- Failure to obtain informed consent: Patients contend they were not given adequate information to make an informed decision about their treatment
- Lack of proper credentialing or technical skill: This claim is made when doctors perform procedures or surgeries for which they have little experience or inadequate skill
- Wrongful death: Patients’ families often claim that routine procedures without expected complications resulted in the wrongful death of the patient
- Wound infections, fractures: Infections can be caused by doctors and hospital personnel not complying with procedures to maintain sterile environments. Patients may argue they were injured when they attempted to leave their beds without assistance or when they were allowed to move about while highly medicated
- Lack of teamwork, communications: Staff members monitor patients over time and may notice worrisome signs, but may fail to let other team members know resulting in harm to patients
Grounds for filing hospital lawsuits
The possible scenarios for a hospital negligence claim are as varied as the situations that arise every day, including:
- A family alleges physical and emotional pain and distress resulted from the negligent acts of a nurse. The nurse’s actions resulted in a kidney that was about to be transplanted to be no longer be viable. The patient, who was prepped for surgery, had to have the surgery in another state at a later date.
- A woman suffered a stroke after giving birth, but her medical team failed to provide reasonable care and she was sent home. She returned to the hospital the next day where she was diagnosed with bleeding on the brain. As a result of the delay she suffered permanent, severe brain damage.
- A man came to the hospital with a severe head injury. The medical team did not move quickly and the patient was given medication and forced to wait. Eventually a surgical procedure was performed, but it was not done in time to prevent irreparable neurological injuries.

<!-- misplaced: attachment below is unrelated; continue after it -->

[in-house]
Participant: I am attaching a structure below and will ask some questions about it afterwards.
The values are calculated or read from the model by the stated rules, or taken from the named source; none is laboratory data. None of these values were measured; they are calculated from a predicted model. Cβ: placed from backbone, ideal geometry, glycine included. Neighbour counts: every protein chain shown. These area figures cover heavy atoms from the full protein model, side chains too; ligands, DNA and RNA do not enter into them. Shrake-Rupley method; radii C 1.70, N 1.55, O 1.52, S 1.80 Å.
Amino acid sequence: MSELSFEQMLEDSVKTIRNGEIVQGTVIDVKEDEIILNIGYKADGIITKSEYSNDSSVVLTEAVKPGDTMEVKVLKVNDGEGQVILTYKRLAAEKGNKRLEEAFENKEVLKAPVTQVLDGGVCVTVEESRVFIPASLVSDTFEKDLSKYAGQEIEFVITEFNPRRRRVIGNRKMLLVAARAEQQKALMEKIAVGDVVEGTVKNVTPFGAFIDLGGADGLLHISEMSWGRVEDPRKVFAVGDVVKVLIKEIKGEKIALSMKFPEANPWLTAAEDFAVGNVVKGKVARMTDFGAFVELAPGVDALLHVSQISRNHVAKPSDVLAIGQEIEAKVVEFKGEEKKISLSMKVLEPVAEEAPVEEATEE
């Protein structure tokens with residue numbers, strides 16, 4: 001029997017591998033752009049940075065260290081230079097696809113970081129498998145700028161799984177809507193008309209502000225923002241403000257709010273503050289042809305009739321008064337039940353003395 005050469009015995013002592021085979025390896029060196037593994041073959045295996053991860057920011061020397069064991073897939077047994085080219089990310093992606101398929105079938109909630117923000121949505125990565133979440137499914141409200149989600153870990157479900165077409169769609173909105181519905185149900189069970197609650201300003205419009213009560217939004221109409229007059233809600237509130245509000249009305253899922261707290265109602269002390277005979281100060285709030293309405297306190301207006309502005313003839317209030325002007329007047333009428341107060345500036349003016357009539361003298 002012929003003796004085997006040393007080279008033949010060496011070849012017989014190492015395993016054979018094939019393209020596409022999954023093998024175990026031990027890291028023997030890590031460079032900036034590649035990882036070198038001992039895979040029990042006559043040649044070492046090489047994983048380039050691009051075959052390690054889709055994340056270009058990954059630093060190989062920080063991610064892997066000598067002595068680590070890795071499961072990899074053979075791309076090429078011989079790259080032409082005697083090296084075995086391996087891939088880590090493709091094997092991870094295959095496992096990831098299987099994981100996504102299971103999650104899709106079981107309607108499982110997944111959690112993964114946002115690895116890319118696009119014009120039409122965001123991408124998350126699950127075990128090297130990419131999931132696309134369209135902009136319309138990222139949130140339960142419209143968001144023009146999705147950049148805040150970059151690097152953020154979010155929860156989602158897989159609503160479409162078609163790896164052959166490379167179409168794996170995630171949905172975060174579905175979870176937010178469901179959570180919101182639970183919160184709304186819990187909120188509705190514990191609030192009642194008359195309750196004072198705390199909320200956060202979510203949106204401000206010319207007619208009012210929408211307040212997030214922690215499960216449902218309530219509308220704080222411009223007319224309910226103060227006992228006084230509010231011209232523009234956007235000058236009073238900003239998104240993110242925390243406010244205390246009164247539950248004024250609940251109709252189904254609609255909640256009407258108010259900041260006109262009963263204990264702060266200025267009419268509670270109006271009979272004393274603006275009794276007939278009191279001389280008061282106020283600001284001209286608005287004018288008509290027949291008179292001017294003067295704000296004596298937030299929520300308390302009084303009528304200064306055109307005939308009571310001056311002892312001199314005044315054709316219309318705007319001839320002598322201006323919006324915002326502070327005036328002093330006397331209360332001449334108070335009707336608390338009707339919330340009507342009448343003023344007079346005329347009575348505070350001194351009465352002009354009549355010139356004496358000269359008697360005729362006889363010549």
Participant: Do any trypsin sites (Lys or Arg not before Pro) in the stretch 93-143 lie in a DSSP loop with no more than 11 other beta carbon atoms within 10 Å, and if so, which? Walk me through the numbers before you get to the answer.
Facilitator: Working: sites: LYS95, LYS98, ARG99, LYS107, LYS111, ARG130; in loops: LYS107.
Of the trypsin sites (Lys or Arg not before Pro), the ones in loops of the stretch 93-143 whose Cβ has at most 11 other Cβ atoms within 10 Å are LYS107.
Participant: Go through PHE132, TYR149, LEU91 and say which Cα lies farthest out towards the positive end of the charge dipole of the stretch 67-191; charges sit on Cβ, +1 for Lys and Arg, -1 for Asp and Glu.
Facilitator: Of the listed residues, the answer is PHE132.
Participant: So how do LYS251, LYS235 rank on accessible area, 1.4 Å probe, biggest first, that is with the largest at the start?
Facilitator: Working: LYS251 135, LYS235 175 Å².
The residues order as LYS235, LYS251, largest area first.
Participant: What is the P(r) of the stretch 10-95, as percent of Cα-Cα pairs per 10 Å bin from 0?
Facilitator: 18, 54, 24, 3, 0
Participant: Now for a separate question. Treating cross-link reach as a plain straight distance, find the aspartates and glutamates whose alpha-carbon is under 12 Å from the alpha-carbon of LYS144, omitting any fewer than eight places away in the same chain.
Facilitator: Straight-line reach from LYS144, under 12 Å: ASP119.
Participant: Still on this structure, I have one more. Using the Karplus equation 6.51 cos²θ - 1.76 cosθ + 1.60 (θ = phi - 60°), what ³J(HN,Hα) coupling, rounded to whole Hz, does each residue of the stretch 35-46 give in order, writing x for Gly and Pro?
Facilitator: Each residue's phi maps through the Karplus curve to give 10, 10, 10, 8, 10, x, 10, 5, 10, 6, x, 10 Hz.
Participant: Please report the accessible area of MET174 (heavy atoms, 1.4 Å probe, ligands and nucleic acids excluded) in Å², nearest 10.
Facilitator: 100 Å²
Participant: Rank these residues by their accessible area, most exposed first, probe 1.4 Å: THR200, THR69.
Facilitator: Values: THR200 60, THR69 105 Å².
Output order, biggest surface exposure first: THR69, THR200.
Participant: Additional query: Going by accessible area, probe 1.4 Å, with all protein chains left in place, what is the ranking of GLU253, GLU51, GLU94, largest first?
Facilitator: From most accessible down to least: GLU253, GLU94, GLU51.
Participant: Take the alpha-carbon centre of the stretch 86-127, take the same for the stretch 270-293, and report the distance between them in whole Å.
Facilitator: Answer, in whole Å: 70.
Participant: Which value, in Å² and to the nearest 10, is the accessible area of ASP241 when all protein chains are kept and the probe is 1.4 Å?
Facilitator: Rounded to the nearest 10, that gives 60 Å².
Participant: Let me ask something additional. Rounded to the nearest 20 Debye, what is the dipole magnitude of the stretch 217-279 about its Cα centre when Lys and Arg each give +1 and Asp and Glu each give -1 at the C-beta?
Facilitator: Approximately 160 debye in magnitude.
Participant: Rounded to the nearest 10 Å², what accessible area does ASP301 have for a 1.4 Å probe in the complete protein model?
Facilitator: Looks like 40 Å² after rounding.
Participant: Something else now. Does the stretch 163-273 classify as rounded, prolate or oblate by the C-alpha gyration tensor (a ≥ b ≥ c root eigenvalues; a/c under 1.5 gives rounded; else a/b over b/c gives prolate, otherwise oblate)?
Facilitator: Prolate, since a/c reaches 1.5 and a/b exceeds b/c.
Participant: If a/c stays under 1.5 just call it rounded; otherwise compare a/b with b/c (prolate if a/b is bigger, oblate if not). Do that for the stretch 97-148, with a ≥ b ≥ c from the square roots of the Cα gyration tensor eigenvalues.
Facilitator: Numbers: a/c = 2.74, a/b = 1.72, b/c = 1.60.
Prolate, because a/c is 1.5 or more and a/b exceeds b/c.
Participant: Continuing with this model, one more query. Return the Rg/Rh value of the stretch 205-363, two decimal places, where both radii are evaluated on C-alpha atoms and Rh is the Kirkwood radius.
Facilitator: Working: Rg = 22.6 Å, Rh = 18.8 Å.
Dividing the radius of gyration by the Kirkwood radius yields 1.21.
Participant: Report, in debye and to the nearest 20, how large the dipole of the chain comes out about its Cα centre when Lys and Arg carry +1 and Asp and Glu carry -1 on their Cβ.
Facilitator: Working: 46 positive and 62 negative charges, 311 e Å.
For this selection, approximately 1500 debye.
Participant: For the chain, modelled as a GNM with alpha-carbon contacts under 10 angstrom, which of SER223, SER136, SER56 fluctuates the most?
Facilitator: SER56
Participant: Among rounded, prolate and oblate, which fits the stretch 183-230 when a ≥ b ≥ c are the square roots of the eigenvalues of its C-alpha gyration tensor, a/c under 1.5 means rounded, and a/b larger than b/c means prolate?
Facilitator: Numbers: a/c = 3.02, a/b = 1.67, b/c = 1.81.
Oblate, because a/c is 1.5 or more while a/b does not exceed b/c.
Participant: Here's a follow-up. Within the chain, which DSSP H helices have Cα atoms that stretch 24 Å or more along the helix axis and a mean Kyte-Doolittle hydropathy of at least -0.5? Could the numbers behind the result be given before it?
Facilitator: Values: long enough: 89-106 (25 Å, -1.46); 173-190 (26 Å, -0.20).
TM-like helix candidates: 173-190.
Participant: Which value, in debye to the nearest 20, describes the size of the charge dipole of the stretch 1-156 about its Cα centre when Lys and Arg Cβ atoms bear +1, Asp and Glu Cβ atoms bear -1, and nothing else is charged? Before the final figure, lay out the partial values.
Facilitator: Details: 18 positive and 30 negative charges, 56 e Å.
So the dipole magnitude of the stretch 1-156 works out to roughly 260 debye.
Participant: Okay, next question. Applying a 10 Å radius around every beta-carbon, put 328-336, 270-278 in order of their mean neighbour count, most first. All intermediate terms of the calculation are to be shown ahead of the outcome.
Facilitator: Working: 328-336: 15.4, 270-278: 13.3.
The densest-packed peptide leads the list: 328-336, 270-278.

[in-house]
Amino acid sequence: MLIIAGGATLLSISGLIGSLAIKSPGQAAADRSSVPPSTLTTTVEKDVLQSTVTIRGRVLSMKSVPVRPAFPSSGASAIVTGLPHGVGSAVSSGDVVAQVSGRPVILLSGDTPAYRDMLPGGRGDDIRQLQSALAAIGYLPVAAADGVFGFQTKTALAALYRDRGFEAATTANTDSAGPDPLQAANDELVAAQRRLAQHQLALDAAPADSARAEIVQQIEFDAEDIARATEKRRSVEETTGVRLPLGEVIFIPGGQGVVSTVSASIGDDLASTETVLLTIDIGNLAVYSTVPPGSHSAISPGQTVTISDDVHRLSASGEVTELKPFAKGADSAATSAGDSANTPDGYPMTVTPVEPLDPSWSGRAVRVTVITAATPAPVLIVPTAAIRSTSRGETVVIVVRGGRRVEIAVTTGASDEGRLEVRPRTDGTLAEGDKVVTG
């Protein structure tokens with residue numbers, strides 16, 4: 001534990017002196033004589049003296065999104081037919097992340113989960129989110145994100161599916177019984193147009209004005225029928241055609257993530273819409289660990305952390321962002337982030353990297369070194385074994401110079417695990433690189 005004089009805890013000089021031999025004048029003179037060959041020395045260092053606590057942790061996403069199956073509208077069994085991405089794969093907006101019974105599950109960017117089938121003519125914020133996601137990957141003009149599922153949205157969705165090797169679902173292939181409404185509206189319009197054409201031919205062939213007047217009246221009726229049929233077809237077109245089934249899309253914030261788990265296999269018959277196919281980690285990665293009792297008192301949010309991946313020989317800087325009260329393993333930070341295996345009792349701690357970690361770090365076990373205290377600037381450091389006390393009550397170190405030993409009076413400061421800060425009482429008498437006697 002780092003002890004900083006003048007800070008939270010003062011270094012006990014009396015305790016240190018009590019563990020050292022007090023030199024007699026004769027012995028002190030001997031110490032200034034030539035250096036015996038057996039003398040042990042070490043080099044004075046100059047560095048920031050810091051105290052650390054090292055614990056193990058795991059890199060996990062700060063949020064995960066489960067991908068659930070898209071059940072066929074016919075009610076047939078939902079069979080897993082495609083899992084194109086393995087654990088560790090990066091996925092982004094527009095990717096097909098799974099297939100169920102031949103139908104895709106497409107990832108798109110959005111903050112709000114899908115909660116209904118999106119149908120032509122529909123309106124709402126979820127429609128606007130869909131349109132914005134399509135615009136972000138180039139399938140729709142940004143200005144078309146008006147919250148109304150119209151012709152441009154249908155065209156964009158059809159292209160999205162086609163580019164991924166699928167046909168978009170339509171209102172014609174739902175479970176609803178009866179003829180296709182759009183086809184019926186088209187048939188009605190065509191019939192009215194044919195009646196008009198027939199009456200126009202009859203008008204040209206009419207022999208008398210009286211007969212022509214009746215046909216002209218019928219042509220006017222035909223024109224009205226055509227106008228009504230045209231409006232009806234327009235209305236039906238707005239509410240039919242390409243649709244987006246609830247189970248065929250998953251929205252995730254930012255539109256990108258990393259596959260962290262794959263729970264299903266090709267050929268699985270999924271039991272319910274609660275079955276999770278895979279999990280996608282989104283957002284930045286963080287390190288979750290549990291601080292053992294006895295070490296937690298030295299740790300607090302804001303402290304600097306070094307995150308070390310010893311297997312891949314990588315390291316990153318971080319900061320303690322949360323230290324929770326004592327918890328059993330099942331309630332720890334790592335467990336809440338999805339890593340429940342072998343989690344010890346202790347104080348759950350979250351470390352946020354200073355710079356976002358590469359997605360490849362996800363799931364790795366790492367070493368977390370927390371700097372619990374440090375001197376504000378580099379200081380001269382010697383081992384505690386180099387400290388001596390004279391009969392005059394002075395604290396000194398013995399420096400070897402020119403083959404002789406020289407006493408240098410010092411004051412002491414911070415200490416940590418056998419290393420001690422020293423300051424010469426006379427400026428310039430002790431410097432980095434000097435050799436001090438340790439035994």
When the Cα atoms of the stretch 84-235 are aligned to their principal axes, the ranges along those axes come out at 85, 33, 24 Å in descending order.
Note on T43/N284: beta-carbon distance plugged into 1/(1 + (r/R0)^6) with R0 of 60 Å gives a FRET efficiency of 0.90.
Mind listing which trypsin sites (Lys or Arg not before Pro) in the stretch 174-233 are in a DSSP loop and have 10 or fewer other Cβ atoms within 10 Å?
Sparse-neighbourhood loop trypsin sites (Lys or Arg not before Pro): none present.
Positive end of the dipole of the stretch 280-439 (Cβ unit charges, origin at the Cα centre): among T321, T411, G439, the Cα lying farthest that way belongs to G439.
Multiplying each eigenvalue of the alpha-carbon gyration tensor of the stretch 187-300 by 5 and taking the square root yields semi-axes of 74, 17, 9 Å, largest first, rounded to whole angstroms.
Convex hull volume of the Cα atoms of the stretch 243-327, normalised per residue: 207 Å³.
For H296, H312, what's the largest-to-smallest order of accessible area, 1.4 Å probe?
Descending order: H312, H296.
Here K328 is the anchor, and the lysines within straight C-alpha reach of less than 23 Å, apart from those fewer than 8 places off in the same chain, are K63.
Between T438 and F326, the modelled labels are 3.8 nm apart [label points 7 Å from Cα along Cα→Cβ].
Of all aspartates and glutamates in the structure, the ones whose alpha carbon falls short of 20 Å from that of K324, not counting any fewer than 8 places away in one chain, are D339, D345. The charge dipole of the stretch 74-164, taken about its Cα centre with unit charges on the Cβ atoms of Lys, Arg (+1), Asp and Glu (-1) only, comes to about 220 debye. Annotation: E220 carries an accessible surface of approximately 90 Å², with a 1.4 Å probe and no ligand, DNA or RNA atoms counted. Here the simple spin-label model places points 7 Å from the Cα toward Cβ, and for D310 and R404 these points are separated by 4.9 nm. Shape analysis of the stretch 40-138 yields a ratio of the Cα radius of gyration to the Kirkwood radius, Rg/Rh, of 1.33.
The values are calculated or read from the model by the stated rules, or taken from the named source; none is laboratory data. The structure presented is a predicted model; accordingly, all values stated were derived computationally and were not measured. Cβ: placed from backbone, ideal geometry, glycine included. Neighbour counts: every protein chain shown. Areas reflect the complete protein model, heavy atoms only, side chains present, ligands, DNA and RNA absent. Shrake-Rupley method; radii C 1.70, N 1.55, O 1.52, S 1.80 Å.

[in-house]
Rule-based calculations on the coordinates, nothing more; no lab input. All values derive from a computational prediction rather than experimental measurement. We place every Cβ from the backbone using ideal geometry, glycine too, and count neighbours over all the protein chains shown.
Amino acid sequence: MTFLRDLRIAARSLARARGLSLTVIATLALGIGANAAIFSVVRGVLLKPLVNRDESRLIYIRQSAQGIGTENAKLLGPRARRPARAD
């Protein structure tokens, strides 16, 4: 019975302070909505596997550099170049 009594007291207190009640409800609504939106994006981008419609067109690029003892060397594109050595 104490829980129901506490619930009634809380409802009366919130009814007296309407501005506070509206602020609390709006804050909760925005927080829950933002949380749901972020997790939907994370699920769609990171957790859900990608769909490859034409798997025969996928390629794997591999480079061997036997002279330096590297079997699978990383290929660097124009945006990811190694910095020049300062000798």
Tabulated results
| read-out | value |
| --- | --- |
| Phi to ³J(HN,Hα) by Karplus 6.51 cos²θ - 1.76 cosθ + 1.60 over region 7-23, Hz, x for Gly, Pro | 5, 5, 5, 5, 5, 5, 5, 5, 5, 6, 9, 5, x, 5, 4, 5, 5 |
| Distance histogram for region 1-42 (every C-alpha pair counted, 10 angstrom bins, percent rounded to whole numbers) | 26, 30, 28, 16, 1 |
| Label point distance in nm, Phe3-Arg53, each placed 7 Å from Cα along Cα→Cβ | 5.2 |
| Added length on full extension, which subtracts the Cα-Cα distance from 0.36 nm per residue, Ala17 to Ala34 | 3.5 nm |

Legal assistance for victims of hospital malpractice
If you believe you or a loved one suffered injuries due to hospital negligence, the medical malpractice attorneys at Eisbrouch Marsh are available to help. Our dedicated team of legal and medical professionals has the experience and resources to investigate the injury and procure the financial compensation you deserve. For a complimentary case evaluation, please call our law offices today. There is no obligation to proceed and we never collect a fee unless you recover damages.
- CNN, Harmed in the Hospital? Should You Sue? http://www.cnn.com/2011/HEALTH/03/24/ep.malpractice.sue.or.not/
- Hospitals and Health Networks, The Top Ten Malpractice Claims (and how to minimize them) http://www.hhnmag.com/hhnmag/jsp/articledisplay.jsp?dcrpath=HHNMAG/PubsNewsArticle/data/backup/0409HHN_FEA_Malpractice...
- AP, Ohio Hospital Denied Negligence in Transplant Case http://news.yahoo.com/ohio-hospital-denies-negligence-transplant-case-120228851.html